By using this website, you consent to our use of cookies I Agree Read our cookie policy

Universal Credit is ‘making people homeless’ in Croydon

Universal Credit is ‘making people homeless’ in Croydon
Apr 13, 2019 Shaking Hands 0 comments
This post was first published by My London on 12/04/2019.

Universal Credit is ‘making people homeless’ in Croydon

People are suffering massively from delayed payments.

More people have been made homeless because of the introduction of Universal Credit (UC), a Croydon Council committee meeting has heard.

The means-tested benefit was rolled out in Croydon back in 2016 as one of the pilot boroughs.

And there are currently about 27,000 people in Croydon who receive the benefit.

It was introduced by the Department for Work and Pensions and rolls six benefits into one.

The benefits are then paid monthly with a six week wait for the first one.

But when it was first introduced in Croydon there were delays of up to 13 weeks leaving some in ‘critical’ situations.

At a meeting of the council’s Health and Wellbeing Board on Wednesday, April 10, Councillor Alison Butler said she believes there has been an increase in homeless applications since then.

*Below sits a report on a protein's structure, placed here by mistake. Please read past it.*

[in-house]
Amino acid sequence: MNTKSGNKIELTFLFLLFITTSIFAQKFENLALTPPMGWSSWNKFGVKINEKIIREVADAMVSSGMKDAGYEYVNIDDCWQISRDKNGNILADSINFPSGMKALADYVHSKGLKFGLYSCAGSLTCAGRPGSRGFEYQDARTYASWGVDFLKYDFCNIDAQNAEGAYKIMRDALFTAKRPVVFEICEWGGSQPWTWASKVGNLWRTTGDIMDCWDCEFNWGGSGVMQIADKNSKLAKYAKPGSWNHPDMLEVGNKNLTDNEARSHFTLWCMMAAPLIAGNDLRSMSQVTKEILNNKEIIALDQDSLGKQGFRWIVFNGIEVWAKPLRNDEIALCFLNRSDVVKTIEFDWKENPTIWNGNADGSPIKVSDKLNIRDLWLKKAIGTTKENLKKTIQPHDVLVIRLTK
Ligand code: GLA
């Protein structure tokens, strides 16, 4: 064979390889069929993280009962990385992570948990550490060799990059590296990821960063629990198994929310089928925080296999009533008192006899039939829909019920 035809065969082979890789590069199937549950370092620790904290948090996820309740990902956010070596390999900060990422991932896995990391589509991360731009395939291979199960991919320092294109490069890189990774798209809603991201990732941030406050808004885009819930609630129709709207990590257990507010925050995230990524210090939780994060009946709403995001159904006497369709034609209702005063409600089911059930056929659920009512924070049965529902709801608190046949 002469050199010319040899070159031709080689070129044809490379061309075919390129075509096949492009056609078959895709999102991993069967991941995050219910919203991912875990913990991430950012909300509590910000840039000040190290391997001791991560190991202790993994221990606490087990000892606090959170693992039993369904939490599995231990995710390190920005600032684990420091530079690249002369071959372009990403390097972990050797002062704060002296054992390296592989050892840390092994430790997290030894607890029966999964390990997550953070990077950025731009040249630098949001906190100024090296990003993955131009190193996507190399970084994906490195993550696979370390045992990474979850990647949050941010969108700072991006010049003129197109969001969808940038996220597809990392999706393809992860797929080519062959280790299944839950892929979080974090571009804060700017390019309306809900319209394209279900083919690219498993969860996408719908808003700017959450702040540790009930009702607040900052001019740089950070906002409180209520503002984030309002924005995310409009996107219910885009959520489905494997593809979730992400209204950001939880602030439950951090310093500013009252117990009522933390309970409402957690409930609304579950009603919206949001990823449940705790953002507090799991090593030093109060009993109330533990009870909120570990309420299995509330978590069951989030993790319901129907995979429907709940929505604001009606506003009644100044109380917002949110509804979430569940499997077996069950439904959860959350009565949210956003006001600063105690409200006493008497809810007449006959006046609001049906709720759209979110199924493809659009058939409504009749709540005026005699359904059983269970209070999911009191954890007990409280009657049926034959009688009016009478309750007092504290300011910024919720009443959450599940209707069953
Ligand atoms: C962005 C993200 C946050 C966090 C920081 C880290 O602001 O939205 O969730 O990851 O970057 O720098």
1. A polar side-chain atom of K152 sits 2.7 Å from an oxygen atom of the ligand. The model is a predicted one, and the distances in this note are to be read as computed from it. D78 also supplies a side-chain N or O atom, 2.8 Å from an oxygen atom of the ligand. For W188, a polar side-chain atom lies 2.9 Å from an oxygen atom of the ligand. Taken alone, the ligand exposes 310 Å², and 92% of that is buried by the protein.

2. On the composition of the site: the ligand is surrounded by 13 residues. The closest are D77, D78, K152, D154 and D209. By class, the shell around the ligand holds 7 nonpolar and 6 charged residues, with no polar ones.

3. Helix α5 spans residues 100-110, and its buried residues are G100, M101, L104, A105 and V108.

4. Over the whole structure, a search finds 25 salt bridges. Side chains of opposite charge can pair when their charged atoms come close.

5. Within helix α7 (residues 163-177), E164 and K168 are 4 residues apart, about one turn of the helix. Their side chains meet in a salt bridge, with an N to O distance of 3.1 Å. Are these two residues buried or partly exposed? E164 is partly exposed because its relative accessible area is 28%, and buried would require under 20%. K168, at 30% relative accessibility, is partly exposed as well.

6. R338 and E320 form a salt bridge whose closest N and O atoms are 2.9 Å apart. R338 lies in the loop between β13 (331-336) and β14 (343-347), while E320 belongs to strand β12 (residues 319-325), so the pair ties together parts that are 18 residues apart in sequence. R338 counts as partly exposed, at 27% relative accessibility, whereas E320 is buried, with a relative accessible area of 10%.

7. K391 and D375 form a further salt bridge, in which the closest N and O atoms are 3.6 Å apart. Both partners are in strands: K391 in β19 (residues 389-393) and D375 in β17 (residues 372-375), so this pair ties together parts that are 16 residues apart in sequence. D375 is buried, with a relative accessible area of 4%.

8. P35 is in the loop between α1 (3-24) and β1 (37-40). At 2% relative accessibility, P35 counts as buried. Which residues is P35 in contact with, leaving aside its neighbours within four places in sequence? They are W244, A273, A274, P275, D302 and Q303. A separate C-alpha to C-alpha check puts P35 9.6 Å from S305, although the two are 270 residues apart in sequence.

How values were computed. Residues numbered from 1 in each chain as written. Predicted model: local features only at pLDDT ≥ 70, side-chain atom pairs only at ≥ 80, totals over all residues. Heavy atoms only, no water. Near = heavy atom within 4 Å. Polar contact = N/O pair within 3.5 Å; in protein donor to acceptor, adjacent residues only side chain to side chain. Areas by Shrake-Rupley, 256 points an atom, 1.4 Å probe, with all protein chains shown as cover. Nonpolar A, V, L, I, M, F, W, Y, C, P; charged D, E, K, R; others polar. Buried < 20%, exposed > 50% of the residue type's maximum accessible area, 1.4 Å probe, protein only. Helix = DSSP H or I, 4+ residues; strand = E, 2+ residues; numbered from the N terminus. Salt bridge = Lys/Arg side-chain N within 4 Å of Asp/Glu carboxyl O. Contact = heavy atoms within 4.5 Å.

The cabinet member for homes and gateway services said: “It has led to a lot of difficulties for Croydon people the delays in payment, although much improved now, resulted in really critical situations and homelessness.

“Some of the other issues around it is that benefits are frozen for four years

“That means for the most vulnerable people their income has been frozen.

“And everyone is aware of what rents in Croydon are like – private rents have gone up which means people have lost money to look after their families.

“They have to foot the bill.”

She added that she thinks ‘digital poverty’ is also a factor in the issue as all applications must be made online.

Paul Garlick, service manager for Gateway Services at the council said: “We had to work with transitioning people [to universal credit].

“They were used to being paid weekly but some people really struggled with the transition of having to wait for a month.”

And he added that it is the most vulnerable in Croydon that this has been hardest for.

“Imagine someone really vulnerable with a drug or gambling addiction,” said Mr Garlick.

“If they get a £2,000 payment I guarantee that won’t go straight to rent.”

He added that the service identifies and works with people like this with solutions including the money being paid directly to their landlord.

For more information on Universal Credit visit, www.croydon.gov.uk/advice/benefits/universal-credit

If you’ve been affected by the issues here, please email our reporter with your story to tara.oconnor@reachplc.com

Comments(0)